With the growing movement of citizens performing “First Amendment Audits” across the country you might think that there couldn’t possibly be a governmental or police agency who wasn’t aware that taking pictures or shooting video in public places is not only lawful activity but it is protected by the constitution of the United States. Unfortunately, even after years of YouTube videos showing law enforcement officials losing their minds when interacting with photographers, security officers from the Cook County Courthouse in Bridgeville Illinois have remained clueless to the rights of citizens there to take pictures and record in places they are legally entitled to be, especially the outside of courthouse.
On March 28th a photographer, who goes by the YouTube moniker Pink Camera Magic, showed up at the Cook County Courthouse to record video of the building. Video of the incident shows her on the sidewalk in front of the entrance doors and quietly documents the building. It wasn’t long before she was approached by courthouse security to ask what she was up to.
“Mam, can I ask what you’re doing,” The security officer say as he steps out of the doors to the courthouse.
The photographer responds calmly by telling the guard, “I’m recording the building.”
When the guard asks what her the purpose was, the photographer responds, “Because I want to.”
And while it is perfectly legal to take pictures or record everything we can see in public, and while the photographer is under no legal obligation to answer questions, the guard wastes no time calling for a supervisor to explain to the photographer that she is filming a public building.
“Yes, that’s exactly why I’m recording it,” She responds before the supervisor, identified as Cook County Sheriff’s Deputy Don Milazzo, tells her there is a judicial order banning the pubic from recording the courthouse building. He then directs her to enter the building so that she can be identified and shown the judicial order. She politely refuses.
Her refusal didn’t sit well with the supervisor who then calls for someone with handcuffs to assist him in detaining the photographer.
“I’m being detained for just taking pictures of the building?” She asks.
“Yes Mam. You’re doing something suspicious and we need to know who you are and why you are doing it, ok?” He responds.
“Are you familiar with the First Amendment?” She asks.
“Yes,” the officer responds as he violently snatches the video camera from her hands.
The photographer, who remained calm and professional throughout the interaction, was placed in handcuffs and taken inside of the courthouse where she was detained in a back room for more than an hour before she says she was brought to Judge Peter A. Felice’s courtroom. Felice is listed on the courthouse’s website as a municipal court circuit judge for the district.
While the law does not allow the police to access the camera footage without a warrant or to delete the contents of the SD card which is evidence, Pink Camera Magic says Judge Felice ordered her to delete her footage immediately, as he watched. She was then ordered to turn over her SD card and told to return to his courtroom in two days. She was never shown a warrant.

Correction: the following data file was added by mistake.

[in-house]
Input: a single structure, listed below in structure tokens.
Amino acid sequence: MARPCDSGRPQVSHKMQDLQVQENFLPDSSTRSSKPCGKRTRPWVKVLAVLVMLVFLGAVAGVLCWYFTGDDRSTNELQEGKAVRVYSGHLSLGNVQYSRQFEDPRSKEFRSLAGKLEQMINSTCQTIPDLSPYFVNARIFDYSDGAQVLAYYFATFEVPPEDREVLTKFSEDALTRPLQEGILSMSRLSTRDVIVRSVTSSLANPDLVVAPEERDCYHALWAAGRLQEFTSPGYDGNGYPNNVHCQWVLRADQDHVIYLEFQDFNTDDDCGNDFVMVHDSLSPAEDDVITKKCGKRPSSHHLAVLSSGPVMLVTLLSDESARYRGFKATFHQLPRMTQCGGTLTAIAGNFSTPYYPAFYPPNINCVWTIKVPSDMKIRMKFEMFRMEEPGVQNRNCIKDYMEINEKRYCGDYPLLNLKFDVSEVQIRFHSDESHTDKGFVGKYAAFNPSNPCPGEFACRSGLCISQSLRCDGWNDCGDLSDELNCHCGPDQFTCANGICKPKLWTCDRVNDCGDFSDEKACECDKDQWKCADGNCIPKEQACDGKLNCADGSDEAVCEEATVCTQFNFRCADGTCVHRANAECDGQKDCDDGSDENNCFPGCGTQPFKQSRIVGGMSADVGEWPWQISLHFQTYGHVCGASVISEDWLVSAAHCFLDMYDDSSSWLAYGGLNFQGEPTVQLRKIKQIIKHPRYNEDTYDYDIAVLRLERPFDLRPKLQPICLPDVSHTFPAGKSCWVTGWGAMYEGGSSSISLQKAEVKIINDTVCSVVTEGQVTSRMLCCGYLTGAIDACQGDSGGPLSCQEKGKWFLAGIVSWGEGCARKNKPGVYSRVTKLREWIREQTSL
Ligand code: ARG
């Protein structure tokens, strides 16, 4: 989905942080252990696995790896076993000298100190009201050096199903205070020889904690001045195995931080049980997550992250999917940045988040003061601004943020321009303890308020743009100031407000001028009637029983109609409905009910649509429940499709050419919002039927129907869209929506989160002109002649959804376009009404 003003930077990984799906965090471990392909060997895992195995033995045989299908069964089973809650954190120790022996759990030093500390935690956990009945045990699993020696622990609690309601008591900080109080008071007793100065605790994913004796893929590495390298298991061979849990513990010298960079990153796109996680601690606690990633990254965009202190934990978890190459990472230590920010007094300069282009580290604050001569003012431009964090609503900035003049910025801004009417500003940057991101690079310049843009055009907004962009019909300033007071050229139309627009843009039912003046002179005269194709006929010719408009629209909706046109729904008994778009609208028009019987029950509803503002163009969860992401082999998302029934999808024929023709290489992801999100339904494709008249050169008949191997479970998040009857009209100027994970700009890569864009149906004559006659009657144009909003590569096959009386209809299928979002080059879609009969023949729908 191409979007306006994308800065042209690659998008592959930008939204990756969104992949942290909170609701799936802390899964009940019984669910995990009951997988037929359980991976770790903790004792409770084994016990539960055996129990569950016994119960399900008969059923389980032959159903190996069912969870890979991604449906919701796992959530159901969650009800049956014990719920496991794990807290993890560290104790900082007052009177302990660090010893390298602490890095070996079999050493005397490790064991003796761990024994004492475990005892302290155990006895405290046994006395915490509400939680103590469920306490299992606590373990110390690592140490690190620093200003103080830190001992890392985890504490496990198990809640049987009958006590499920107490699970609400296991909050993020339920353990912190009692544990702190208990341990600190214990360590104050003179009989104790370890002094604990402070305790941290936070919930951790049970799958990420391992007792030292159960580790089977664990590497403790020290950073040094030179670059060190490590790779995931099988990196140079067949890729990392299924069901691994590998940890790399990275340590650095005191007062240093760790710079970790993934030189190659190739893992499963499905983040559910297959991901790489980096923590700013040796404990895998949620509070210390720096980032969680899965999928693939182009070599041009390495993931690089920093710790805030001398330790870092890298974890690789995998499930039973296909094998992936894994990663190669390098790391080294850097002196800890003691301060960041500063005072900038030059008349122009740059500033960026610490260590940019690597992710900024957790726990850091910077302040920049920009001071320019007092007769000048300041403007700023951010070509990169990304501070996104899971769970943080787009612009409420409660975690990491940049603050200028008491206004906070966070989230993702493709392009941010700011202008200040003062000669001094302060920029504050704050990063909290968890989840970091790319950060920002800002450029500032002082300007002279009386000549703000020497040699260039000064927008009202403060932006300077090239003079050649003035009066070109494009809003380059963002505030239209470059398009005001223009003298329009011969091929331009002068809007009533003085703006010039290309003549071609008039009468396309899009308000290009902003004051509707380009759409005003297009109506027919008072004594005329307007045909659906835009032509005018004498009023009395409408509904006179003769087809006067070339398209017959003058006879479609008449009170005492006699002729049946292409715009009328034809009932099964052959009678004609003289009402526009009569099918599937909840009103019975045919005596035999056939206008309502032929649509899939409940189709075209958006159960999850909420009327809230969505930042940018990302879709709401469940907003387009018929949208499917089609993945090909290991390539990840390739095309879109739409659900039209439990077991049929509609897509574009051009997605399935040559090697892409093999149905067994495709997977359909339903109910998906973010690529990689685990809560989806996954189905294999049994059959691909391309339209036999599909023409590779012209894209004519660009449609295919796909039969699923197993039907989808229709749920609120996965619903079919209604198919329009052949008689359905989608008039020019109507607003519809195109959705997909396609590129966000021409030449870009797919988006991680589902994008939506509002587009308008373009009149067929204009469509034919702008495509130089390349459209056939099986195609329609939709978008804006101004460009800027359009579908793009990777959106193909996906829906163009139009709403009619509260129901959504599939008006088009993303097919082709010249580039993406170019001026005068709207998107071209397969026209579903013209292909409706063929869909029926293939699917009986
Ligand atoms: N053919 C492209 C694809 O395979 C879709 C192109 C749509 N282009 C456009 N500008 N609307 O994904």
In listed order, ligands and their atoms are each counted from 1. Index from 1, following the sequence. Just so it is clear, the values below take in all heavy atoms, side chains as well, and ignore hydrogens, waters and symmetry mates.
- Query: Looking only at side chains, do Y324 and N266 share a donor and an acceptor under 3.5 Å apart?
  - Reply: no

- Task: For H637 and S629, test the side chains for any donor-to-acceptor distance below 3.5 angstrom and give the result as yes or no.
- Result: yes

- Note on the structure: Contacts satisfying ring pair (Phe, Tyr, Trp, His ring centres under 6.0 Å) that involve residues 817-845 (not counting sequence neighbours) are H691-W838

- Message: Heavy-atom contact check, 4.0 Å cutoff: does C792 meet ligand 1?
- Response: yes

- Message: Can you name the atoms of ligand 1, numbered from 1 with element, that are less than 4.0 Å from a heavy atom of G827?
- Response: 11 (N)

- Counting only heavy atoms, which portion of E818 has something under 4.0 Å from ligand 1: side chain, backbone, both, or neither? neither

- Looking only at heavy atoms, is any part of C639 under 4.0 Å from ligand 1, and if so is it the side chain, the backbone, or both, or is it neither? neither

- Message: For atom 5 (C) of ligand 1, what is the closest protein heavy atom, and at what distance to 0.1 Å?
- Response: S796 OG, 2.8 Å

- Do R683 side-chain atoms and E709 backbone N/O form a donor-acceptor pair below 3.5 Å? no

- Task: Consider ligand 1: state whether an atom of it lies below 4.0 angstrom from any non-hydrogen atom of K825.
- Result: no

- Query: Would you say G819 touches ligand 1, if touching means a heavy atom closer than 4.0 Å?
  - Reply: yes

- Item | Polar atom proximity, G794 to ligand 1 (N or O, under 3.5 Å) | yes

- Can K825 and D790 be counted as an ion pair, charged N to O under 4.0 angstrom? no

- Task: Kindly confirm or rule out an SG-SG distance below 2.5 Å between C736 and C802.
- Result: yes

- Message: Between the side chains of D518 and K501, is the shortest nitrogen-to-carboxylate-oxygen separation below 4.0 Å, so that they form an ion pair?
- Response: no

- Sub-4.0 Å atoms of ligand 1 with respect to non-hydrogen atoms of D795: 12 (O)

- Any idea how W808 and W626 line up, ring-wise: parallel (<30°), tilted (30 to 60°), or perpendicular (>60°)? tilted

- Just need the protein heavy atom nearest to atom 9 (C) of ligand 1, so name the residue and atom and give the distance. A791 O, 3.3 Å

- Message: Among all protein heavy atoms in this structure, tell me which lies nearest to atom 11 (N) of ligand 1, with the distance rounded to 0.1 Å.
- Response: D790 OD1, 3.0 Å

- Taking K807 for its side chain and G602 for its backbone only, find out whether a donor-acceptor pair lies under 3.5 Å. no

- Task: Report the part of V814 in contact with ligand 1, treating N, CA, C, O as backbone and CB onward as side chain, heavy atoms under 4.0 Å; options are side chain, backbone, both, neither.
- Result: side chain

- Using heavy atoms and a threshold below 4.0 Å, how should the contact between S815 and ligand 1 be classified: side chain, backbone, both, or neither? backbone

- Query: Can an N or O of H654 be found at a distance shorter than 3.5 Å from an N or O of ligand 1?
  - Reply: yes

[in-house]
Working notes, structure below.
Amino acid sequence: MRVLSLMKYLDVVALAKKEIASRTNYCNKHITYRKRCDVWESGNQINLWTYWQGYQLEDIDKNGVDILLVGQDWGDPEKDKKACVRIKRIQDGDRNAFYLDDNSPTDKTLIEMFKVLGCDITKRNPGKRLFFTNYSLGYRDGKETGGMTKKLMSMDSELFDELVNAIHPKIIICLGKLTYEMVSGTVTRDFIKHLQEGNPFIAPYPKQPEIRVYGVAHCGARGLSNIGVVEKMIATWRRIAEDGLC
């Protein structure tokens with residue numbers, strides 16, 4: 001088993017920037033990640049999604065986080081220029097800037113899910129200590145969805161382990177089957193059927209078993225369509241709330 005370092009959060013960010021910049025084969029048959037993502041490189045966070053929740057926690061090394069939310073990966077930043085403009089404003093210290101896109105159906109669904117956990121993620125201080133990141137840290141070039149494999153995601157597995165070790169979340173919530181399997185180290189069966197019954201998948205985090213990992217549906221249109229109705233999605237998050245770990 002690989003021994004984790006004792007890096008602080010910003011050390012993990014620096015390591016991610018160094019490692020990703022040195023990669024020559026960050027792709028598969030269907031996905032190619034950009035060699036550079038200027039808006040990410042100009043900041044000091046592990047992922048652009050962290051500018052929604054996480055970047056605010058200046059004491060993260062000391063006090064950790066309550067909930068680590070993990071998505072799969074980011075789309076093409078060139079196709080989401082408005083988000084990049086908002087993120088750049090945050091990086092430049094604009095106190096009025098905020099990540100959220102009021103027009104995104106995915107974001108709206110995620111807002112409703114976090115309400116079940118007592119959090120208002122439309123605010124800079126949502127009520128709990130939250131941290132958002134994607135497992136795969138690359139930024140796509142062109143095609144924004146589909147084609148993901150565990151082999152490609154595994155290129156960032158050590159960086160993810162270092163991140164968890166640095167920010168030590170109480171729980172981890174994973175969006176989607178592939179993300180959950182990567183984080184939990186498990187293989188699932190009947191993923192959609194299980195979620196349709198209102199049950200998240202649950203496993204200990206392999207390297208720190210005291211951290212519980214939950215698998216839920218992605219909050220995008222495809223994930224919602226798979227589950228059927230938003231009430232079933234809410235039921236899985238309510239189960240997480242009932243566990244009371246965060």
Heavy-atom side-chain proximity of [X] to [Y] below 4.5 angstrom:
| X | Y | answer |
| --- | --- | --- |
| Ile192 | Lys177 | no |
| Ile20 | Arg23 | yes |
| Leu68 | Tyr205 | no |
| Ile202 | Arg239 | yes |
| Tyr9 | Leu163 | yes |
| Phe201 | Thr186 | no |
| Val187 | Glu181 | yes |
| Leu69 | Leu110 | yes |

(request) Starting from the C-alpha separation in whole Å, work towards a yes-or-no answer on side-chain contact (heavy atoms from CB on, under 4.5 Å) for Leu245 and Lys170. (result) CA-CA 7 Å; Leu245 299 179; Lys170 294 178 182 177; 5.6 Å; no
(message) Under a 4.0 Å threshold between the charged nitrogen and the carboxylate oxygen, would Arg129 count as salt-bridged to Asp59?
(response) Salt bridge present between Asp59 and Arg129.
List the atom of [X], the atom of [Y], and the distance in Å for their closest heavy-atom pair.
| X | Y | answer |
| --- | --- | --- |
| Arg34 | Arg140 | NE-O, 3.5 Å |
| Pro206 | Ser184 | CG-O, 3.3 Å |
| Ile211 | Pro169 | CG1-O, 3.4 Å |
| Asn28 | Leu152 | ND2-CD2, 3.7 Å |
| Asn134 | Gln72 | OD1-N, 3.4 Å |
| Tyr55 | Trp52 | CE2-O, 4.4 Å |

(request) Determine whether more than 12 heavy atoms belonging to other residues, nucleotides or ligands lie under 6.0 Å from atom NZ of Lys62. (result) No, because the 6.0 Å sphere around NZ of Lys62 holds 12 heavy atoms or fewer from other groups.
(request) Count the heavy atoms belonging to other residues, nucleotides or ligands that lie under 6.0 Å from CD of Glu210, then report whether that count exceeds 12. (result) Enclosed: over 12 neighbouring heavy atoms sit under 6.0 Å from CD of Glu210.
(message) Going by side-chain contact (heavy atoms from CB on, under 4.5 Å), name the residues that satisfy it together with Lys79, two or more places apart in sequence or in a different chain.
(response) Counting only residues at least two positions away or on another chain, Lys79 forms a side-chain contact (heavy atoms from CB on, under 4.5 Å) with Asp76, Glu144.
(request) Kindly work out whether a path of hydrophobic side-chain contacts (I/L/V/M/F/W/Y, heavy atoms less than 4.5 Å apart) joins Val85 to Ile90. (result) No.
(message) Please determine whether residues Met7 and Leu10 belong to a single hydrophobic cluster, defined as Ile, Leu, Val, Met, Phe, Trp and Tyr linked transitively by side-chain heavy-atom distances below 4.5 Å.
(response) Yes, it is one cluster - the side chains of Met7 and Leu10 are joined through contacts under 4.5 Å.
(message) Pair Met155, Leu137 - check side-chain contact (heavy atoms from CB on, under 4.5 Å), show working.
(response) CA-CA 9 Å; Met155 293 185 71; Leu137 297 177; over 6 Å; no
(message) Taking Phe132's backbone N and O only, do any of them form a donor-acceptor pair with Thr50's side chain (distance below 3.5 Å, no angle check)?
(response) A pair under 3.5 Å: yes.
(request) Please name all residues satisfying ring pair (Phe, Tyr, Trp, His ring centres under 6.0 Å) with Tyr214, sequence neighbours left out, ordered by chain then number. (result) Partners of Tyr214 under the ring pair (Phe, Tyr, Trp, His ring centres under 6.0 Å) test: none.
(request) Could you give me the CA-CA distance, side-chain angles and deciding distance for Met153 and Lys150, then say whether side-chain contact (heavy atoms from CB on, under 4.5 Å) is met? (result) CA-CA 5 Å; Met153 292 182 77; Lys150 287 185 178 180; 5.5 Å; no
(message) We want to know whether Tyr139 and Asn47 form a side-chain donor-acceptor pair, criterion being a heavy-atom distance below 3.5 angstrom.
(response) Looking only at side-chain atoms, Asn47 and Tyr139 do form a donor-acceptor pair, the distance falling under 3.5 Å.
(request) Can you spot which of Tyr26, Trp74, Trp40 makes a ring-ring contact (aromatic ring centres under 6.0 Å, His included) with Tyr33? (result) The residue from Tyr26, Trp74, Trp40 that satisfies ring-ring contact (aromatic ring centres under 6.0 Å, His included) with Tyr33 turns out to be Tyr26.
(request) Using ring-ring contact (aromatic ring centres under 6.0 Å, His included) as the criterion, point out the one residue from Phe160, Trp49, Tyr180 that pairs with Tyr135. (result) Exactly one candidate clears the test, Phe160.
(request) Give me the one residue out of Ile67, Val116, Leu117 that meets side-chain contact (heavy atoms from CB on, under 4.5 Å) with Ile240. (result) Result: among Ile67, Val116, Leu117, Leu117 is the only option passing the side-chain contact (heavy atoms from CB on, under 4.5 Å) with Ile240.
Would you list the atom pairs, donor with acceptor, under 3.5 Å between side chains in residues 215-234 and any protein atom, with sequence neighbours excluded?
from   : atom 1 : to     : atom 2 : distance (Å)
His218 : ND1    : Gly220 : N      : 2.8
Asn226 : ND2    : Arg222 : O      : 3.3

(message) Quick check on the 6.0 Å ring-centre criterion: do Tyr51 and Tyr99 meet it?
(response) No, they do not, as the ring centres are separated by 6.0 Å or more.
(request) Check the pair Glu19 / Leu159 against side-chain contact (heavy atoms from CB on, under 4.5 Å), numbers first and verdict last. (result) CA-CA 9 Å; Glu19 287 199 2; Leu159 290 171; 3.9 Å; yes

She tried to comply with the judges demands but found that her footage had already been deleted when she opened the files on the camera. She was allowed to leave after the judge confiscated her SD card.
Two days later she returned to the judge’s courtroom when the judge returned her SD card and told her that the court did not search the card or delete any video. She says the judge also told her that if she was caught taking pictures or shooting video of the courthouse again that she would be arrested for contempt. She was never shown the Judge’s order that she was told banned photography of the building.
Because the footage had been deleted, Pink Camera Magic sent the SD card off to a technician to have it recovered. The technician was able to retrieve the footage of her arrest. She subsequently filed a complaint with the Cook County Sheriff’s Office, who provides the security for the building.
PINAC called the Cook County Courthouse’s Judicial Offices to obtain a copy of the judicial order the guard refers to in the video but have not heard back. A search of the courthouse’s website produced only one judicial order that relates to “Prohibited Behavior.”
That order, while not prohibiting photography, reads as follows:
“GENERAL ORDER NO. 18.5. – Prohibited Behavior
A. The solicitation of business relating to the furnishing of security deposits for bail or the employment of any attorneys is prohibited;
B. Loitering in or about the rooms or corridors of the courthouses is prohibited. Unapproved group congregating or the causing of a disturbance or nuisance in or near any courthouse or place of holding court in multiple arrest cases is prohibited. Picketing or parading outside of a building housing a court hearing multiple arrest cases is prohibited when such picketing or parading obstructs or impedes the orderly administration of justice;
C. The State’s Attorney of Cook County may require any person who violates this order to appear forthwith before any judge of this Court to answer to a charge of contempt;
D. The Sheriff of Cook County and his or her deputies, the Custodian of the courthouse and any peace officer shall enforce this order either by ejecting violators from the courthouse or by causing them to appear before one of the judges of this Court for a hearing and for the imposition of such punishment as the Court may deem proper.”
Pink Camera Magic continues to wait for the outcome of the internal affairs investigation. We will bring you more information about this story as it becomes available.
Office of the Chief Judge Circuit Court of Cook County (312)603-6000 MAIN OFFICE
Judge Peter Felice (708) 974-6290
Cook County Sheriff’s Office (312) 603-6444 CCSO@cookcountyil.gov